“Visual impairment can creep up on you, making it difficult to notice that your eyes are getting worse. So it’s a good idea to visit an optician regularly when you get older, even if you don’t feel your sight is deteriorating,” Johansson said in a university news release.

The findings show that many older people who think their eyesight is good might be mistaken.

“Above all, it was reduced contrast sensitivity that made people think their sight was poor. Impaired visual acuity or visual field defects had less of an impact on how they perceived their own eyesight,” said study co-author Madeleine Zetterberg, a professor of ophthalmology at Sahlgrenska.

Having glasses of incorrect power was equally common among men and women, but men’s sight tended to be slightly better. Researchers said that could be due to a higher rate of cataracts among women.

Slightly more than 27% of women had cataracts, compared with just over 19% of men.

The most common eye diseases were cataracts (23.4%); age-related macular degeneration (4.7%), and glaucoma (4.3%). In all, 1.4% had diabetic retinopathy, changes in the retina due to diabetes.

The study was recently published in the journal Acta Ophthalmologica.

Source: HealthDay

Chronic Stress Can Cause Heart Trouble

Sometimes stress can be useful. But constant stress can affect overall well-being and may even impact heart health.

When stress is short-lived, it can help with performance in meeting a major deadline, interviewing for a new job or achieving another goal. Stress and its impact on the body can also be lifesaving in the face of danger.

But long-term stress induced by work troubles, financial difficulties or family discord is a different story, said Dr. Ernesto L. Schiffrin, physician-in-chief at Sir Mortimer B. Davis-Jewish General Hospital in Montreal.

“Irritability, anxiety, depression, rumination and insomnia or waking up in the middle of the night with anguish” can result from chronic stress, he said.

Ongoing stress not only takes an emotional and psychological toll, it can produce physical symptoms. Those may include headaches, an upset stomach, tense and aching muscles, insomnia and low energy.

Heart disease is another potential stress-related problem.

Stress may lead to high blood pressure, which can pose a risk for heart attack and stroke. Stress also may contribute to such cardiovascular disease risks as smoking, overeating and lack of physical activity.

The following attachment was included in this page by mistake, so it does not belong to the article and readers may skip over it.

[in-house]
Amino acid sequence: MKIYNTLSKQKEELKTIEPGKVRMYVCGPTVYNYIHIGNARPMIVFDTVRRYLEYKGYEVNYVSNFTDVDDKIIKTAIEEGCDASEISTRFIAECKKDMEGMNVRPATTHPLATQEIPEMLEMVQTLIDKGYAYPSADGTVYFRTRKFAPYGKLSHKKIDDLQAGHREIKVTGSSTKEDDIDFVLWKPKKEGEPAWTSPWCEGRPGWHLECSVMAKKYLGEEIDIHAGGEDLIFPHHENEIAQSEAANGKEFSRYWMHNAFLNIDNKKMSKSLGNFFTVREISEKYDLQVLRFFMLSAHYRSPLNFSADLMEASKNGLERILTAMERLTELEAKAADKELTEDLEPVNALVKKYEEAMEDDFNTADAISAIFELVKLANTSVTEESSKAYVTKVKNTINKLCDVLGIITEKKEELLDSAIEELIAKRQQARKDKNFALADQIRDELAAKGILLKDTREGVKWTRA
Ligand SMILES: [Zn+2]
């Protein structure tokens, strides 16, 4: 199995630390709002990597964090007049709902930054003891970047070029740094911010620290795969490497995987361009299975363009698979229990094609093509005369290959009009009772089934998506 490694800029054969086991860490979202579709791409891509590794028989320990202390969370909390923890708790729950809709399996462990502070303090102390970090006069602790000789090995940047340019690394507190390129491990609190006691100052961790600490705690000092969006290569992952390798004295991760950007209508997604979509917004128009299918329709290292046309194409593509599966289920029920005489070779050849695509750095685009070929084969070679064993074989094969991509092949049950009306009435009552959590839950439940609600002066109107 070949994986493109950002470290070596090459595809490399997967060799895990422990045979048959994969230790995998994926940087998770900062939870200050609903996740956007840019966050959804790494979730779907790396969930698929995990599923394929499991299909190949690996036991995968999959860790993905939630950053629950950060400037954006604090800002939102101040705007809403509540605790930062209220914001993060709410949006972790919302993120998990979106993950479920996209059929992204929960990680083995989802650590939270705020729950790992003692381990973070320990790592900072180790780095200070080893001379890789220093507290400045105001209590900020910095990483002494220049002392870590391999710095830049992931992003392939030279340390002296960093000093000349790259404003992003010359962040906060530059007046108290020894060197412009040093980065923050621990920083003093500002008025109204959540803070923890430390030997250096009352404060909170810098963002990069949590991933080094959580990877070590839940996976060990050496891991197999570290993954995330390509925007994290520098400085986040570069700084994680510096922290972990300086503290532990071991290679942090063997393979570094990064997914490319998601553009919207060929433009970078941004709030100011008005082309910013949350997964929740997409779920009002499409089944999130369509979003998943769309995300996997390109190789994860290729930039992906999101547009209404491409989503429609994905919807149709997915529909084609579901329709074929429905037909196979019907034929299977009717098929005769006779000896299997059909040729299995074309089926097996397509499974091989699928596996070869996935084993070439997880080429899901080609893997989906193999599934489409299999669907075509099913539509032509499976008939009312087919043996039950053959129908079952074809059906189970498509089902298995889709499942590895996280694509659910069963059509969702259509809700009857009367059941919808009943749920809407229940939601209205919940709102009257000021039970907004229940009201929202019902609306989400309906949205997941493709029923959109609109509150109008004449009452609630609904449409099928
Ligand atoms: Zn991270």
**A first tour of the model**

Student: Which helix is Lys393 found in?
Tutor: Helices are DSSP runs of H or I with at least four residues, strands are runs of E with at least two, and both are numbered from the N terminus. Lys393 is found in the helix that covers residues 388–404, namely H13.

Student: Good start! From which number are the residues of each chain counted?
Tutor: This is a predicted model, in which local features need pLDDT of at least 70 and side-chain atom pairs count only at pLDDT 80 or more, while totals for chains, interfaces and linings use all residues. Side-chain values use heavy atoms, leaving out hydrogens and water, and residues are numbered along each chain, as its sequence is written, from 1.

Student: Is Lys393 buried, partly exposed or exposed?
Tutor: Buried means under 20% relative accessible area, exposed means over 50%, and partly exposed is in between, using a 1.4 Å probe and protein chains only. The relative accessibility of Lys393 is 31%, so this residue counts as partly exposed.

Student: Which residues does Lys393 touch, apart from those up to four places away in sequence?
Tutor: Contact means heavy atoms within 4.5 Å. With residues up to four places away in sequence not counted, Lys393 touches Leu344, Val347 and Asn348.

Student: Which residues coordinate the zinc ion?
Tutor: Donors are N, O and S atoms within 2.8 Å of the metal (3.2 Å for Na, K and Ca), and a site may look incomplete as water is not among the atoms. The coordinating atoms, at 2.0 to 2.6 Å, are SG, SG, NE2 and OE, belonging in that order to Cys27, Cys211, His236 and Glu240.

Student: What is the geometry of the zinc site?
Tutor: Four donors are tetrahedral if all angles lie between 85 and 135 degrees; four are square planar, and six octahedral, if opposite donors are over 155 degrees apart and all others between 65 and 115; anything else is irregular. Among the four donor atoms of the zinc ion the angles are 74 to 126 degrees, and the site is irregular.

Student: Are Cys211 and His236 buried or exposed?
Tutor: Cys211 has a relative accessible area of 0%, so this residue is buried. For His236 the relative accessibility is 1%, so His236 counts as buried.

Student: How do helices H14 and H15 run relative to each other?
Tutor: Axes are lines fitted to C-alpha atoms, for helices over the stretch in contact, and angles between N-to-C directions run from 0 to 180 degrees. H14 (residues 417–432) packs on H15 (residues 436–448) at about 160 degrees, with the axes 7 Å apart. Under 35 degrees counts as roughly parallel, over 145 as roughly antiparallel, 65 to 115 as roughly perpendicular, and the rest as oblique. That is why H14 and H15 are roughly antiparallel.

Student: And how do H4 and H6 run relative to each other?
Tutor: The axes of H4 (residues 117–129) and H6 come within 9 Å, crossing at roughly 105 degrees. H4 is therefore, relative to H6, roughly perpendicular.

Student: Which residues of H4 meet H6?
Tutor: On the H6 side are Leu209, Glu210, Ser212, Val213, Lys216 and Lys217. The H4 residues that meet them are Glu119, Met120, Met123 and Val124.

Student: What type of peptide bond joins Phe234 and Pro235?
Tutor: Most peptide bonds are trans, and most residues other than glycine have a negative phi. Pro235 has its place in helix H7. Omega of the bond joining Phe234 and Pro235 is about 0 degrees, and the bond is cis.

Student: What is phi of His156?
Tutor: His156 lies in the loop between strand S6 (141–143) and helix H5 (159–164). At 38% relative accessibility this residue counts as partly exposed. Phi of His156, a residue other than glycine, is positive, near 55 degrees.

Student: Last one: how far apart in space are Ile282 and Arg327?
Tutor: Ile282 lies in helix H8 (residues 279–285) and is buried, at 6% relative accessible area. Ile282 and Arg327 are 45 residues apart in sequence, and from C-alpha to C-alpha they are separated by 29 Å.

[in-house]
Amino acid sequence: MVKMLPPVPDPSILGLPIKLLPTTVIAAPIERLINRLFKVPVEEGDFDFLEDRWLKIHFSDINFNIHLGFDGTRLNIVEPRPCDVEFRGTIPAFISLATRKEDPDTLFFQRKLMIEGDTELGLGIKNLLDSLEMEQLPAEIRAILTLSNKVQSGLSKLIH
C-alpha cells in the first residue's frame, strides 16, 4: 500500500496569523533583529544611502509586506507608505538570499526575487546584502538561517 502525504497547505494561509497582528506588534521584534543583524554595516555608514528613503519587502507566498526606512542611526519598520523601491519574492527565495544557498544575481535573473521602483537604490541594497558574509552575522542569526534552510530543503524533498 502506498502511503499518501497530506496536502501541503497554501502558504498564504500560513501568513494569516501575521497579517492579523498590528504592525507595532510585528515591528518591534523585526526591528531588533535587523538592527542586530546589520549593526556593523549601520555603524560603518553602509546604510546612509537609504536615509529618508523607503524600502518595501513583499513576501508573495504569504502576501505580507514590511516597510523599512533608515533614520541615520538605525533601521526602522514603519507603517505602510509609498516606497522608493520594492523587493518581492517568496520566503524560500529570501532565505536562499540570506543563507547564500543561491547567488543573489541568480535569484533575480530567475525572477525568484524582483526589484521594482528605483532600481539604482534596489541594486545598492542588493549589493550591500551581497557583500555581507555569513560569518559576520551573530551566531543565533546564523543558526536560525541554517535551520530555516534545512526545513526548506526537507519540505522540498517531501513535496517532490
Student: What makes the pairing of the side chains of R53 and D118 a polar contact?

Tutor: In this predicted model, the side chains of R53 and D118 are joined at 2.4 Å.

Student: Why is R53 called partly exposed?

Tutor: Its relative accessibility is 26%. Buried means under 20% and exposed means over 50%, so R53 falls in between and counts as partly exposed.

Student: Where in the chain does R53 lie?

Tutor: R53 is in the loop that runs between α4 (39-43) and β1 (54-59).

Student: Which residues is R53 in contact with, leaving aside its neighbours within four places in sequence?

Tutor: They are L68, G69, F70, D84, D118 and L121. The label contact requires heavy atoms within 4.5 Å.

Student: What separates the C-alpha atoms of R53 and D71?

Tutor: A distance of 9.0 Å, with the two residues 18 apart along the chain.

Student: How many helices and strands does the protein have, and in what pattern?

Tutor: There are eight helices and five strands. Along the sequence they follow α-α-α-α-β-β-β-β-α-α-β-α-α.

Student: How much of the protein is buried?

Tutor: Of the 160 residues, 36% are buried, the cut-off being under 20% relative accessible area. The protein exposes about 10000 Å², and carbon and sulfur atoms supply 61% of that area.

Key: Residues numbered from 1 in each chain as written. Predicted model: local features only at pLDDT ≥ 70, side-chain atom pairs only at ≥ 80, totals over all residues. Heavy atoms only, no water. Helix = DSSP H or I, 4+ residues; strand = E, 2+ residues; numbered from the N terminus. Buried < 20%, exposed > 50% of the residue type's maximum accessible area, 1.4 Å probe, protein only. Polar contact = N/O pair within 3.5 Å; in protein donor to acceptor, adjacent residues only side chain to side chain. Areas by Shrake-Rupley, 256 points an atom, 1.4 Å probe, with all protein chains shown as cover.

“Chronic stress has been shown to be associated with increased cardiovascular events,” Schiffrin said. He pointed to a 2017 study in The Lancet that used images of part of the brain involved with fear and stress and found links between stress and cardiovascular disease episodes. Brain activity was studied along with bone marrow activity and artery inflammation.

“These findings illustrate mechanisms through which emotional stressors can lead to cardiovascular disease in human beings,” Schiffrin said.

Constant stress can impact creativity and productivity. For many people, the workplace is a source of stress.

About 2 in 3 employees say work is a significant source of stress, according to a recent report from the American Heart Association Center for Workplace Health Research & Evaluation. Job stress can stem from long hours, physical strain, high demand or job insecurity.

Annual expenditures on work-related stress has been estimated at $190 billion, while the cost of poor mental health, including depression and anxiety, has been pegged at $211 billion annually. The estimates encompass lost productivity and work absenteeism.

To minimize continual stress, set priorities for what is most important to you and aim for a life-work balance, Schiffrin said.

Make time for friends, family and laughter. Ease stress and improve mood through physical activity. Regular exercise helps to lower blood pressure and combat other cardiovascular disease risk factors. Mindful meditation and deep breathing can help manage stress. Consider yoga, which combines movement, controlled breathing and relaxation.

Sleep and stress are interconnected. Stress can affect sleep, and lack of sleep can, in turn, lead to more stress. Seven to eight hours of sleep per night is ideal, Schiffrin said.

“Better sleep hygiene is critical in management of stress and promotion of heart health,” he said.

Sleep in a cool, dark and quiet room; don’t exercise close to bedtime; and avoid eating or drinking in the hours before bedtime, especially alcohol and foods high in fat or sugar, he said.

For unending stress or symptoms of depression, talk with a health care provider about getting help.

Attempting to see a “silver lining” and adopting a positive attitude toward life may help reduce stress, Schiffrin said.

“Adopting some degree of serenity in the face of life’s challenges,” he said, “may help improve the perception of stress and result in better quality of life and better cardiovascular health.”

Source: American Heart Association


Today’s Comic